# “Is there any proof” versus “are there any proofs”

The stack exchange question "Is there any concrete-solid proofs of this space odyssey?" made me want to edit it to remove the s in proofs (someone with enough flair did), however it made me wonder about the plurality of any and proofs.

Is there any concrete-solid proof of this space odyssey?
Are there any concrete-solid proofs of this space odyssey?

If the asker wants to hear about at least one proof, the first one is OK, but what is correct if he wants at least two pieces of evidence?

If you begin the sentence with the singular copula (is) you are expected to make the object agree in number. Breaking down the SO sentence to its essentials, we have:

Is there any proofs?

This is grammatically incorrect. We can make these agree in number in two ways (as your own examples do):

Is there any proof?

Are there any proofs?

Either is correct. "Proof" or "proofs" doesn't matter as long as the number agrees with the number of the copula.

My grammar book (English Grammar, David Daniels and Barbara Daniels) reports that the indefinite pronoun any is either singular or plural.

Someone asked him for a match, but Joe didn't have any.
Do you have any tips to pass on?
I don't have any choice.

In your example, I would use "Is there any concrete-solid proof of this space odyssey?" because if there isn't a single proof, then there aren't two proofs either.

"Proof" is usually treated as a mass noun, and so has no plural:

"I have proof that ... "

"There is no proof that ... "

"You haven't any proof that ... "

It can be used as a count noun, but usually only in special senses, such as a formal (mathematical or logical) proof:

"His book contains several new proofs of these theorems".

I would find it strange to read "They produced several proofs of his innocence".

• Exactly my thoughts too – mplungjan Mar 23 '11 at 12:08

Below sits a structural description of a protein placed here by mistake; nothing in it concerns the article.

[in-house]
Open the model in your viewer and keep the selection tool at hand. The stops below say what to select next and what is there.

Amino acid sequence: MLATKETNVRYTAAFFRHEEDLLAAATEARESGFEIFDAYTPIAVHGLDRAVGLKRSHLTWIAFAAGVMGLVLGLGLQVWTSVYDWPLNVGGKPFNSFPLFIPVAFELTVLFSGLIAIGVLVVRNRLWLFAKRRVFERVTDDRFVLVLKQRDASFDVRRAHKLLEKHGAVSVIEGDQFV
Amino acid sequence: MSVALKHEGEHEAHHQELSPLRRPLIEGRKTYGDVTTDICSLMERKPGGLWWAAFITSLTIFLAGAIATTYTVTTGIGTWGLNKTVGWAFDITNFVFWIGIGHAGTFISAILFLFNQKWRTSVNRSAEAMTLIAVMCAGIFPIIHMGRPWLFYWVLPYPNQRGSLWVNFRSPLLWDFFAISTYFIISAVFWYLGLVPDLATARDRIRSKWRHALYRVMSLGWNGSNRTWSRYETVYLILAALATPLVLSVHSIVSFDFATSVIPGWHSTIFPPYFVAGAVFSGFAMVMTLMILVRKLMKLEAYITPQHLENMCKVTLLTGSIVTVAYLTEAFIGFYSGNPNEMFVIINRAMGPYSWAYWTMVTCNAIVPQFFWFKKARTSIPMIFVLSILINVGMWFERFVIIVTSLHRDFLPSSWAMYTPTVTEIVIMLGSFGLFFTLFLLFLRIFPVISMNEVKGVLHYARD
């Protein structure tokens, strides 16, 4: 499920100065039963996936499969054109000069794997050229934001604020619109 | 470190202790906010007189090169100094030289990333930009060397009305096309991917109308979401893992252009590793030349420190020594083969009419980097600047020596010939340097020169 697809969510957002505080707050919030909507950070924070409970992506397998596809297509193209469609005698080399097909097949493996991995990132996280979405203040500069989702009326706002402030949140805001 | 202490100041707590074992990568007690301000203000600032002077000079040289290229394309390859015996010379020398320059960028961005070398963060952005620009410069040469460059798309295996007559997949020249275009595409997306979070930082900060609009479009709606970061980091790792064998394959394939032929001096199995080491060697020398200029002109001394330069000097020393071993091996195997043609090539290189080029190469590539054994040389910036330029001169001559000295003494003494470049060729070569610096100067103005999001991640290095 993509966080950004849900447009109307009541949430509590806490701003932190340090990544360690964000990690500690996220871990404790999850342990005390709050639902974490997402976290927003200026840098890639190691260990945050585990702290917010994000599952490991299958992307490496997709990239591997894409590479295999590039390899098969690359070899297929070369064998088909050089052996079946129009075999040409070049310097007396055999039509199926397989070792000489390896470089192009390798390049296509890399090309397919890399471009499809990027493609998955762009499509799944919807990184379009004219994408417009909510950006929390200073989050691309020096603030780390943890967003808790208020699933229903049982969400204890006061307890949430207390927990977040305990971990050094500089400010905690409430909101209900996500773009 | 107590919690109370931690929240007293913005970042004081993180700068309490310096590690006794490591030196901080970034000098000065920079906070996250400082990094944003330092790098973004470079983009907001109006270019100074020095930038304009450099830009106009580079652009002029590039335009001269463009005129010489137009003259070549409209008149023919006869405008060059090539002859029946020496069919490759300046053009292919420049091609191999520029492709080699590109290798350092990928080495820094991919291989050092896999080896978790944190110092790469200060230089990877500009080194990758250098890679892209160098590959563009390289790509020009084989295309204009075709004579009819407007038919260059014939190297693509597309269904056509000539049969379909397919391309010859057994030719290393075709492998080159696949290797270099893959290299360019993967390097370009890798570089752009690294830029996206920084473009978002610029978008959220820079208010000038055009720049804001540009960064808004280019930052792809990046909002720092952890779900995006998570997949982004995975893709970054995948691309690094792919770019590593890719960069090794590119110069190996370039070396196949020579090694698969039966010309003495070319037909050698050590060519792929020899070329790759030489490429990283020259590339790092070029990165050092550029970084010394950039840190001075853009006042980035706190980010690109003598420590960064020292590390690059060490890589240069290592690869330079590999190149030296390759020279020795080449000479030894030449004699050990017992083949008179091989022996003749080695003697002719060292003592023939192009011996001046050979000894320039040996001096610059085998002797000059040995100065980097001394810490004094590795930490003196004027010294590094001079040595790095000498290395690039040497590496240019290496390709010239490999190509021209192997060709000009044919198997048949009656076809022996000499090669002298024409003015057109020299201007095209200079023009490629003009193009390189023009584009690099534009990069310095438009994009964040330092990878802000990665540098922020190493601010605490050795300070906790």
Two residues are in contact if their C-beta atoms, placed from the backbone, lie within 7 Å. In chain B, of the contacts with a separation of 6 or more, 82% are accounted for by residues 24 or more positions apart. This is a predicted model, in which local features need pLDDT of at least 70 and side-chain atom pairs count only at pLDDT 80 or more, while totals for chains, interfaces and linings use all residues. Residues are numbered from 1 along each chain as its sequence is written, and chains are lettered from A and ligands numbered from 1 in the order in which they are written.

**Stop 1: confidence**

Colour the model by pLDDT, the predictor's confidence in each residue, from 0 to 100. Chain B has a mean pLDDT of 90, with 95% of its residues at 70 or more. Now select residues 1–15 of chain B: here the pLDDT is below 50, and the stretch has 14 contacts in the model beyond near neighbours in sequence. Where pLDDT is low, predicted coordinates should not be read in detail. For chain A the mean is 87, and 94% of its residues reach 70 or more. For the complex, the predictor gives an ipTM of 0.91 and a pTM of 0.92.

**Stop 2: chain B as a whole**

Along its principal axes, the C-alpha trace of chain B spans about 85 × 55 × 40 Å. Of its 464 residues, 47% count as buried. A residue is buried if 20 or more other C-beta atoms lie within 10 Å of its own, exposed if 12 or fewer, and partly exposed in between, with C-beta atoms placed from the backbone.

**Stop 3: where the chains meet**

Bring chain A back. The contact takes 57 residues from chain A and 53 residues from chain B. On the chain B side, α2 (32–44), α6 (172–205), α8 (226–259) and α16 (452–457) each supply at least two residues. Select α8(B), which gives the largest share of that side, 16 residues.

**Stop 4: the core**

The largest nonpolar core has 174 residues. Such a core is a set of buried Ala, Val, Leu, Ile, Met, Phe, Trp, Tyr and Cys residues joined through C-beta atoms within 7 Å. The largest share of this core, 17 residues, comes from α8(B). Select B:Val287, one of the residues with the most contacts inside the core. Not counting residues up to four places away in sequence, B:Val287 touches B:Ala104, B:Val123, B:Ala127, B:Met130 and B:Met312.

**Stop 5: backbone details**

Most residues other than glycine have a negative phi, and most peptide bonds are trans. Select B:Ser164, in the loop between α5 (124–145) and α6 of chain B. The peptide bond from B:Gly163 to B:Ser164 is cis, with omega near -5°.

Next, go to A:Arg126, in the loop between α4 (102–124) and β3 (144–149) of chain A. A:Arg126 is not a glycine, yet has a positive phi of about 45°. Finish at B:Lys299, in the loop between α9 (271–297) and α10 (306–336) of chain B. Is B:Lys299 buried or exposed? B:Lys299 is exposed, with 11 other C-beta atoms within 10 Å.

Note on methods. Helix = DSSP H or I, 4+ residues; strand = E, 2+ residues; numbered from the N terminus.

• Agreed; galley proofs are almost always plural, mathematical proofs can either be plural or singular, but in the vernacular sense (Is there any proof of X?) it's almost always singular. – Peter Shor Mar 23 '11 at 17:48
• "Several proofs of his innocence" is an entirely possible phrase. It would imply that, for example, he had a solid alibi and the law did not forbid what he was supposed to have done. That is certainly a strange way to think (if you're not a lawyer), but I don't think it's ungrammatical. – TimLymington Nov 11 '11 at 15:18

You're more likely to encounter the plural in formal logic, maths, etc., where a given proposition may have multiple proofs. In other contexts it's more common to lump all the supporting evidence together as (singular) proof.

'Is there any proof?' sounds better, but proofs is OK because you can say 'evidences'

'Present your evidences to the court.'

• I suspect evidences is legalese for "items to be shown as evidence". I personally wouldn't accept it for "multiple logical justifications". – FumbleFingers Mar 23 '11 at 17:44
• I don't believe that "evidences" can be plural in this sense, but "justifications" certainly can. However, the fact that "justifications" can be plural is not evidence that "proofs" can be plural, because English is not logical in these matters. – Peter Shor Mar 23 '11 at 17:50

Proof is an uncountable noun. Despite this it would seem it is a common mistake (paticularly in American English) to use "proofs".

"If the asker wants to hear about at least one proof, the first one is OK, but what is correct if he wants at least two pieces of evidence?"

Proof is both singular and plural, which means whether you want one, two or ten pieces of evidence it's always proof NEVER proofs.

Unfortunately, when people (including academics) make mistakes often enough they become acceptable, so you'll find a lot of examples where proofs is used.

"5 proofs that aliens exist" should read "Proof that aliens exist". If you wanted to use a number it would become "5 ... that prove aliens exist" - truths/facts/examples.

Hope this clears it up.

• Hi @PStevenson, and welcome to the site! Do you have any sources for your answer? – OldBunny2800 Dec 14 '16 at 21:07
• > it would seem it is a common mistake (paticularly in American English) to use "proofs" Literally never heard someone in America say "proofs" in the colloquial sense, so not sure what you're on about. Maybe in article titles as you've pointed out (still never seen that), but I'm not sure how you can prove they're native speakers let alone Americans. But as others have pointed out, proofs can still be used in the context of math proofs – GetOffMyLawn Apr 25 at 20:43